Spring, is a time when many people clean out their cabinets, basements, spice drawers, closets. It is a time of reflection, for letting go of some of the past while planning for the rest of the year.
I think we should do this at work too. Take some time to spring clean the data in your database. While you may regularly look at the segments that bring you the best ROI or your most active customers, I bet you have many other contacts in your database—hidden names, useless names, forgotten names.
If your database cost is based on size, that is a great reason to get rid of old, unusable names. Even if it is not, random blocks of names can add clutter and confusion as you examine what is in your database. And it can skew perceptions to how big, how usable, and how targeted your customers/prospects lists are.
Separate your data in 3 groups, just like when you clean out your closet. Here is a sample idea of how you can group your data:
The Keep Pile
- Customers active within the last 2-3 years.
- Recent prospect lists added to your database.
- That email opt out list, as much as you might want to get rid of it.
- Contacts that target any new products you plan to create this year.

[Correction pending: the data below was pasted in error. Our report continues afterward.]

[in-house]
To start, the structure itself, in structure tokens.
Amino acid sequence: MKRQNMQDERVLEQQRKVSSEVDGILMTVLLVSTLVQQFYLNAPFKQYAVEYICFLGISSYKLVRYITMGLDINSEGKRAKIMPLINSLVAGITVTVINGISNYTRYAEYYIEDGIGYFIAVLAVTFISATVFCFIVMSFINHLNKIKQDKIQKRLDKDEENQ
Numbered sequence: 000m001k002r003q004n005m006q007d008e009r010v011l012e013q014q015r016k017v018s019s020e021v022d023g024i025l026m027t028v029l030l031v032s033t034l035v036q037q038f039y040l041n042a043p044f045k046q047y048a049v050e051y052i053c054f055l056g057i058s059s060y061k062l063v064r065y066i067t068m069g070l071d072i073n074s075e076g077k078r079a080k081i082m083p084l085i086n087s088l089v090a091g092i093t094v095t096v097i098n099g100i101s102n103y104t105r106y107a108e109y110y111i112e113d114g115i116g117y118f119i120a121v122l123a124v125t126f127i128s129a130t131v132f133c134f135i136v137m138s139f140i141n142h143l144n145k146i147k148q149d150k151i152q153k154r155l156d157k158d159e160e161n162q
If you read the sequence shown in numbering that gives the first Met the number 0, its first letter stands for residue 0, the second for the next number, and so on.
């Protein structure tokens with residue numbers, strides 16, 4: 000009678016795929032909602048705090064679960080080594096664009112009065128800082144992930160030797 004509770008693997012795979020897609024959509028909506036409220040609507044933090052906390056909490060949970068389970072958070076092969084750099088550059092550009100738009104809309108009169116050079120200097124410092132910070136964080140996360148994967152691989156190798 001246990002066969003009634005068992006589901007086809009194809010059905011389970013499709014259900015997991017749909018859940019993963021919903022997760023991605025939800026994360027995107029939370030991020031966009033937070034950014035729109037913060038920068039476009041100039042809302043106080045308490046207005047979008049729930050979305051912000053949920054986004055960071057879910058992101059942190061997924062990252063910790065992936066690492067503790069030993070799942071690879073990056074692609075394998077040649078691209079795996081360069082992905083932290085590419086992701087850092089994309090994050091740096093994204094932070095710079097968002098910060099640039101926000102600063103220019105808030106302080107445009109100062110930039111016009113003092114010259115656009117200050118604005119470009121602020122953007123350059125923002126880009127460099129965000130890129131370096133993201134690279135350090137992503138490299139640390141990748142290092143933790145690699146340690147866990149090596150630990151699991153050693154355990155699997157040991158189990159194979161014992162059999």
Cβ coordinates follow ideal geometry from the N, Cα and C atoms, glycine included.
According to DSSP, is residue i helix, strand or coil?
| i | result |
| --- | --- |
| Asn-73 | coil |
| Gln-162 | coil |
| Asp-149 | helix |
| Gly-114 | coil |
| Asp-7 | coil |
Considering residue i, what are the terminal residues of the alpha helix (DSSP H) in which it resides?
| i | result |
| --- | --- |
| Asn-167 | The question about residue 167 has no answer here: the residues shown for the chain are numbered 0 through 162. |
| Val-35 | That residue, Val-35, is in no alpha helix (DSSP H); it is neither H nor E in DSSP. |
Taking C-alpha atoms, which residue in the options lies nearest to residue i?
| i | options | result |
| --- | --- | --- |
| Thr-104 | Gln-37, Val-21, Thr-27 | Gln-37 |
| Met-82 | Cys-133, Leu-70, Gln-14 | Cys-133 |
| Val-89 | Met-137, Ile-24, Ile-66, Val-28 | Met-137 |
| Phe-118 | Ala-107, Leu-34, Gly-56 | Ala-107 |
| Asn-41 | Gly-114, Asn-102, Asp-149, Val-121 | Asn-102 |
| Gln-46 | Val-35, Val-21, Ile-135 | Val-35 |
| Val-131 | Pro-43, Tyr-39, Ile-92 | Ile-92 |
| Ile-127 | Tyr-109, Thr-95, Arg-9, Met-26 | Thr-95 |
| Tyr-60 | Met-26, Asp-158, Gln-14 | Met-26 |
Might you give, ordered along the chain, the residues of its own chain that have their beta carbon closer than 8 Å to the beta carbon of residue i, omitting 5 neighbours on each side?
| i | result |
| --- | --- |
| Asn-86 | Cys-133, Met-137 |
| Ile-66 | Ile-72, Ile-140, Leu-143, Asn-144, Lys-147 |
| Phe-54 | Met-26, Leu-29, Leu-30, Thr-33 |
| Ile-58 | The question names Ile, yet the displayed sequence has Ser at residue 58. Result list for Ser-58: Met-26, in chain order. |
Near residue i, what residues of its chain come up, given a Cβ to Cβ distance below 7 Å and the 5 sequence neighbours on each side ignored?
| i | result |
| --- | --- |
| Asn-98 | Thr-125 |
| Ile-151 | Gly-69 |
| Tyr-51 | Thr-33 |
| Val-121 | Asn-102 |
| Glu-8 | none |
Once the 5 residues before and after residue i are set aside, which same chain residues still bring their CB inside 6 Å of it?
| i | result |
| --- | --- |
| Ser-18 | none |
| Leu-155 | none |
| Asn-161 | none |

The Giveaway (or clean up) Pile
- Recent (within 2 years) contacts with missing demographics. This can be appended.
- Contacts missing email or mailing address, or phone numbers. This can be added from outside sources.
- 3+ year names with bad mailing or email addresses.
- Segments of your file that you no longer serve.
- Outdated purchased lists that you no longer have permission to use.
- Duplicate records or data that cannot be merged.
The keep and purge pile definitions will vary based on your targets, your universe, and most importantly, your future needs. But this a simple start to really LOOKING at what is in your database.
Who knows? You may find lists you can re-engage through this process. Remember, it is cheaper to convert old customers into current ones than it is to replace them. It’s like finding that clothing treasure that you find in the back of your closet. Update it, re-purpose it, and it is usable again for very little cost.
The journey continues.